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Casanova in Fort Worth

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Casanova. Even 300 years after his life, the name evokes a certain frisson. But why? The 342-page catalogue accompanying an exhibit about him has this to say.


“Tall, olive-skinned, and muscular, Casanova exuded mesmeric charm, beguiling men and women alike with traits that would be repellent in others. The daughter of an Englishman living in Venice called him vain, unbearable, and, as soon as he began to speak, irresistible.”


While I just said the exhibit is about Casanova, that is not strictly the case. The intent of the directors from the three host museums (Museum of Fine Arts [Boston], Kimbell Art Museum [Fort Worth] and Fine Arts Museum [San Francisco] was “to create- through bringing together paintings, sculpture, works on paper, silver, ceramics, furniture and costume- the context within which Casanova expressed his values and views on life and culture.”


Those viewing the exhibit, which opens in San Francisco on Feb. 10 following its recent run at the Kimbell, will find it difficult to capture the essence of Casanova. I spoke to a long-time viewer of art exhibits who said she found the exhibit very beautiful, but ultimately unsatisfying. For those who have the time, I recommend a careful reading of the excellent catalogue before seeing the exhibit, as it provides a lot of texture showing how the various displays weave the story of his life.


One thing the catalogue does not illustrate are the most arresting for the viewer to the exhibit: a series of tableaus depicting life in the 18th century. The one shown here evokes a raucous card game. The player seated is a professional swindler who has been caught with a card up his sleeve. The gentleman who has been swindled is shown rising so abruptly that his chair is flung backwards.


Understanding what this has to do with Casanova is an example of how the museum patron has to study the descriptions and make connections. When Casanova arrived in London he went to see Teresa Cornelys. He believed her daughter to also be his daughter. Teresa had a notorious mansion, Carlisle House, which was THE society venue for masked balls and gambling. Casanova claimed he met all the royalty and nobility of England at Carlisle House, except for King George, his wife, and the Princess of Wales.


The staging of masked balls there and in Venice, where Casanova spent several years, also explains the appearance of several paintings depicting masked people. Among these is a delightful pair by Giovanni Tiepolo, The Minuet and The Charlatan, both from 1756. Like the card game tableau, these represent something akin to what Casanova saw, but there is no direct link.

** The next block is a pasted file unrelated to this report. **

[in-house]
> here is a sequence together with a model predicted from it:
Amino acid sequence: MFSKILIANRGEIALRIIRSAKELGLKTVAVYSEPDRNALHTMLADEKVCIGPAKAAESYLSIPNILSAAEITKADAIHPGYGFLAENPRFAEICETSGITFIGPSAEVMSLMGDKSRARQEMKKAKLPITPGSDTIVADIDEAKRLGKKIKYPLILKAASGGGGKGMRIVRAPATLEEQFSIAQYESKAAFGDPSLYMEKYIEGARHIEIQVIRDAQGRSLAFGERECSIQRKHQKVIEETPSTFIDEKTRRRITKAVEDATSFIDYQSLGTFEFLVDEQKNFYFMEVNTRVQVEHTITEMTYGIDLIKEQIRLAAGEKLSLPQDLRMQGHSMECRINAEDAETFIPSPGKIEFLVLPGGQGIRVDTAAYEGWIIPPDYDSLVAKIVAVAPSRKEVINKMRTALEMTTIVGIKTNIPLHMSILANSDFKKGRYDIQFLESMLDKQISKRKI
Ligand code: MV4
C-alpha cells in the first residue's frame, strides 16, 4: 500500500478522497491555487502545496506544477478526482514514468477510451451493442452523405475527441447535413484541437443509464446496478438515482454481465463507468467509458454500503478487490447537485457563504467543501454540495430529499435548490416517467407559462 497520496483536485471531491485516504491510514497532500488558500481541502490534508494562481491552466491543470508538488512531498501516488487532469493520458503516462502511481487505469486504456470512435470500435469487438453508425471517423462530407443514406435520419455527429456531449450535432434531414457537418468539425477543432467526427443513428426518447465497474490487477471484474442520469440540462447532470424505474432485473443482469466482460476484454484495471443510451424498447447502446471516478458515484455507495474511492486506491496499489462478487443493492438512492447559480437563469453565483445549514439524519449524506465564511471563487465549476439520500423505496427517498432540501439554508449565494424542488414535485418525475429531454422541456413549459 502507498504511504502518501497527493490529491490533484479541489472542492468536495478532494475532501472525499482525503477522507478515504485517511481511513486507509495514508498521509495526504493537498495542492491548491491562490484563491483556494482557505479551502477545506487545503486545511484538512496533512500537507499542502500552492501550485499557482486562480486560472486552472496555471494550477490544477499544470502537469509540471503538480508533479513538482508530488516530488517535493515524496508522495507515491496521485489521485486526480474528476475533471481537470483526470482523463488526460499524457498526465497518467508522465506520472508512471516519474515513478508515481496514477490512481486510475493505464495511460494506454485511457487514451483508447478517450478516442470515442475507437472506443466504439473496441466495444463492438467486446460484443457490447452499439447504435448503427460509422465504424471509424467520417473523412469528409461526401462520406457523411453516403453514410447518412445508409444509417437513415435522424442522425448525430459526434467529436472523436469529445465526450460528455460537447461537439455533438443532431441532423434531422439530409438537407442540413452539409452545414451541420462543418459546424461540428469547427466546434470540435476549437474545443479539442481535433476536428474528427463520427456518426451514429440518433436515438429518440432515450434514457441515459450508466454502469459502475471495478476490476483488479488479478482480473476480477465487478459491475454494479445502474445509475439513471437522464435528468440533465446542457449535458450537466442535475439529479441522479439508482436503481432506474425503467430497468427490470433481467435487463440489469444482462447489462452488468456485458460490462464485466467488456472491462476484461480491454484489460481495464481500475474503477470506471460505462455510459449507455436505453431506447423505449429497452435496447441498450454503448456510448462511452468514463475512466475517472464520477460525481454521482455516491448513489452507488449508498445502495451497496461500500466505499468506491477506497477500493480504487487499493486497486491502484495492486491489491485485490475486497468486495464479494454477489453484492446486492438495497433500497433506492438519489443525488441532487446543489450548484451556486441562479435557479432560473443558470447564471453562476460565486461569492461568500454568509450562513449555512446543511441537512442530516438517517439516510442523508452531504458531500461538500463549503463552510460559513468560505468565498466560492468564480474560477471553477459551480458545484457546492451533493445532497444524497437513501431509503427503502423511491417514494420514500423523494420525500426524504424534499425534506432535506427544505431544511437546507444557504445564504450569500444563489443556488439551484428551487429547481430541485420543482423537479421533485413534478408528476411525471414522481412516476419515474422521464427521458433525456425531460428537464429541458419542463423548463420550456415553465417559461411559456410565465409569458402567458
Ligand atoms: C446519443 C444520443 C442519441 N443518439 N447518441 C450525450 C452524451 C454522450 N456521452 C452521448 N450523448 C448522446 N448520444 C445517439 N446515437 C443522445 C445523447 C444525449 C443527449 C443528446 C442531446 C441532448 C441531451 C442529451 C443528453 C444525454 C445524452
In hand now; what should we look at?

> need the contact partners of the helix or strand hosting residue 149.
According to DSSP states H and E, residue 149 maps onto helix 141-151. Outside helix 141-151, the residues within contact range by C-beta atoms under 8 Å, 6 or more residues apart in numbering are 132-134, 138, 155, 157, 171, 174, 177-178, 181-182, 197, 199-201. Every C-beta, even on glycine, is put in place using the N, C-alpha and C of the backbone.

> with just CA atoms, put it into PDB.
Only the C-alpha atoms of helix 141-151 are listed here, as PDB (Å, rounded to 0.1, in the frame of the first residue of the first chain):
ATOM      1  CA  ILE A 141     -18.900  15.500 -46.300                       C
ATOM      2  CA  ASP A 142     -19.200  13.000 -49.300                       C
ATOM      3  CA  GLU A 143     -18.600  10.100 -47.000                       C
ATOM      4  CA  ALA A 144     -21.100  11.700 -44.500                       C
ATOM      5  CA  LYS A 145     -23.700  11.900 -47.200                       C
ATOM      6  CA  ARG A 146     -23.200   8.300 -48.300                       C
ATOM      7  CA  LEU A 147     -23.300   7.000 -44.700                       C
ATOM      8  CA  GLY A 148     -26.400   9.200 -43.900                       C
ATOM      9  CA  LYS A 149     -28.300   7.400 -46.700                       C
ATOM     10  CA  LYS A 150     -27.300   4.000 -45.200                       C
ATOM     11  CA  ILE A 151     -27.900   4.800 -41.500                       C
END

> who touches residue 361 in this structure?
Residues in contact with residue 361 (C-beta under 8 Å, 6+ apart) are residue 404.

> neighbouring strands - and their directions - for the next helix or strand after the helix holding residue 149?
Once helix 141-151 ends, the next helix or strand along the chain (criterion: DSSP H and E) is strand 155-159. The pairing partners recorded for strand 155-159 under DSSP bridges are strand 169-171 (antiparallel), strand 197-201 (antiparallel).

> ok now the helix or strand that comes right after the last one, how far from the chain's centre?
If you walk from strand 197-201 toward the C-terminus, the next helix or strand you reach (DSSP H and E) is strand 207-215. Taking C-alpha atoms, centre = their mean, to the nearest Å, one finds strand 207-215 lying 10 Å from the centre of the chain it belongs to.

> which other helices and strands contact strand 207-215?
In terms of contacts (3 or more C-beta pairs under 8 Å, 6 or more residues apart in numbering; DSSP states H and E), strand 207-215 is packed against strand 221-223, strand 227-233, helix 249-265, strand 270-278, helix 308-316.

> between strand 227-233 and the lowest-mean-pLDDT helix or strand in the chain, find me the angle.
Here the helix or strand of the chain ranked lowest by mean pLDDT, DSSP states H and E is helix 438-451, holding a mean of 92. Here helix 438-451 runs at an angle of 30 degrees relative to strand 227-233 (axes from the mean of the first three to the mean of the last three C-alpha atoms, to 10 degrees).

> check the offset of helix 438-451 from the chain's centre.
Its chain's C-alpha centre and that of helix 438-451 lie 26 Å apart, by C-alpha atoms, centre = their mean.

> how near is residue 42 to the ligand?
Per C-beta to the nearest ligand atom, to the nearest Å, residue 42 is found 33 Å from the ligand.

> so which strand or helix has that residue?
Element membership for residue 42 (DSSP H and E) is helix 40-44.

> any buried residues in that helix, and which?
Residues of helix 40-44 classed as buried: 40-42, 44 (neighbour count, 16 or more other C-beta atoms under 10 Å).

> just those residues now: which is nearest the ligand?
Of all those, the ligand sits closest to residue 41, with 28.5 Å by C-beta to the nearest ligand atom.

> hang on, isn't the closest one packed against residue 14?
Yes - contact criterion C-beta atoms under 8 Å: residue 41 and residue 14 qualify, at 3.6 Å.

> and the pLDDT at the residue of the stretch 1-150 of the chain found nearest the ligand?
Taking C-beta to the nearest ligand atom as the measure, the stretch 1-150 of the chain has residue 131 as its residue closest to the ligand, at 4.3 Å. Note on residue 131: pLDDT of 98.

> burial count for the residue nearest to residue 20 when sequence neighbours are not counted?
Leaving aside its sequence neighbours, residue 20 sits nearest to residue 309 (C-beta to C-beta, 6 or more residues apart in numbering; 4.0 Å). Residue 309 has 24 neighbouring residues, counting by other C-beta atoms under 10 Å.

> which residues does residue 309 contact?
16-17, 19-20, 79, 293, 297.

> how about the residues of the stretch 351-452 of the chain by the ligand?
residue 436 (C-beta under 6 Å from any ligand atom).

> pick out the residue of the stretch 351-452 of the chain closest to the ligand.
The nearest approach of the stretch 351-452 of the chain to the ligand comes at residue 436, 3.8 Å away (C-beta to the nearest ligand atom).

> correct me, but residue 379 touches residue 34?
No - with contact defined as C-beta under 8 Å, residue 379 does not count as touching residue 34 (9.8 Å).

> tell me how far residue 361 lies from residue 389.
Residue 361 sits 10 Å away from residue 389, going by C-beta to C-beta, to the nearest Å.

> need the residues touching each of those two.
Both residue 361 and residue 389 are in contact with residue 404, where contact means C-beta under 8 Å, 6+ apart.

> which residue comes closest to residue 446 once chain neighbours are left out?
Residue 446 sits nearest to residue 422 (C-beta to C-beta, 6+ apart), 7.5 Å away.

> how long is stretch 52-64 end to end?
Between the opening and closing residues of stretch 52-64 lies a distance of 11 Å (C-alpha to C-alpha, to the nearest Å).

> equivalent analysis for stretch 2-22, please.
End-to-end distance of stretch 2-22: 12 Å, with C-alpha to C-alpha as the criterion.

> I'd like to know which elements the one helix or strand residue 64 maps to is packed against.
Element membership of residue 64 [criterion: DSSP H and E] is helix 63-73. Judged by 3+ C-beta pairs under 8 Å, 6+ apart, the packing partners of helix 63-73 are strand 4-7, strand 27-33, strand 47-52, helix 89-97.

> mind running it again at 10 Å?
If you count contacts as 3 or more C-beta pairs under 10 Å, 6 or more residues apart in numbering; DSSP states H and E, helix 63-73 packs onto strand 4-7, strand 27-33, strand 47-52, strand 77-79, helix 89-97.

King George IIIKing George IIIThe closest one comes to the real Casanova is in the form of books he wrote, including a science fiction novel, described in the exhibit as nearly unreadable. I was expecting to learn more about it from the catalogue, but neither this nor any of his other textual works are depicted. This emphasizes all the more the necessity to closely study both the catalogue and the exhibit to get the full benefit of the collaboration: dozens of museums from Canada, the United States and Europe have lent items, and this alone makes it worth seeing. I was especially pleased to see a portrait of King George III that I have not seen despite many trips to London. It is on loan from the Bank of England Museum, which curiously is not listed in the catalogue as a lender. Likewise, the painting does not appear in the catalogue.


This portrait occupies a place in the exhibits' final room, which offers sculptures and portraits of some of the most famous people Cananova met. These include Benjamin Franklin, Voltaire, Dr. Samuel Johnson, Pope Benedict XIV, and Rousseau. A spectacular way to end a complex and fascinating glimpse into an 18th century life of grand excess.


Next on display at the Kimbell in Forth Worth is a collection of 400 artworks from Asia, collected by Sam and Myrna Myers. It opens March 4, 2018. Visit the website for details:




Clifford Cunningham

Dr. Clifford Cunningham is a planetary scientist. He earned his PhD in the history of astronomy at the University of Southern Queensland, and has undergraduate degrees in science and ancient history from the University of Waterloo. In 2014 he was named a contributor to Encyclopedia Britannica. He is the author of 14 books on asteroids and the history of science. In 1999 he appeared on the TV show Star Trek: Deep Space Nine. Asteroid 4276 was named in his honor in 1990 by the International Astronomical Union based on the recommendation of its bureau located at Harvard-Smithsonian Center for Astrophysics.

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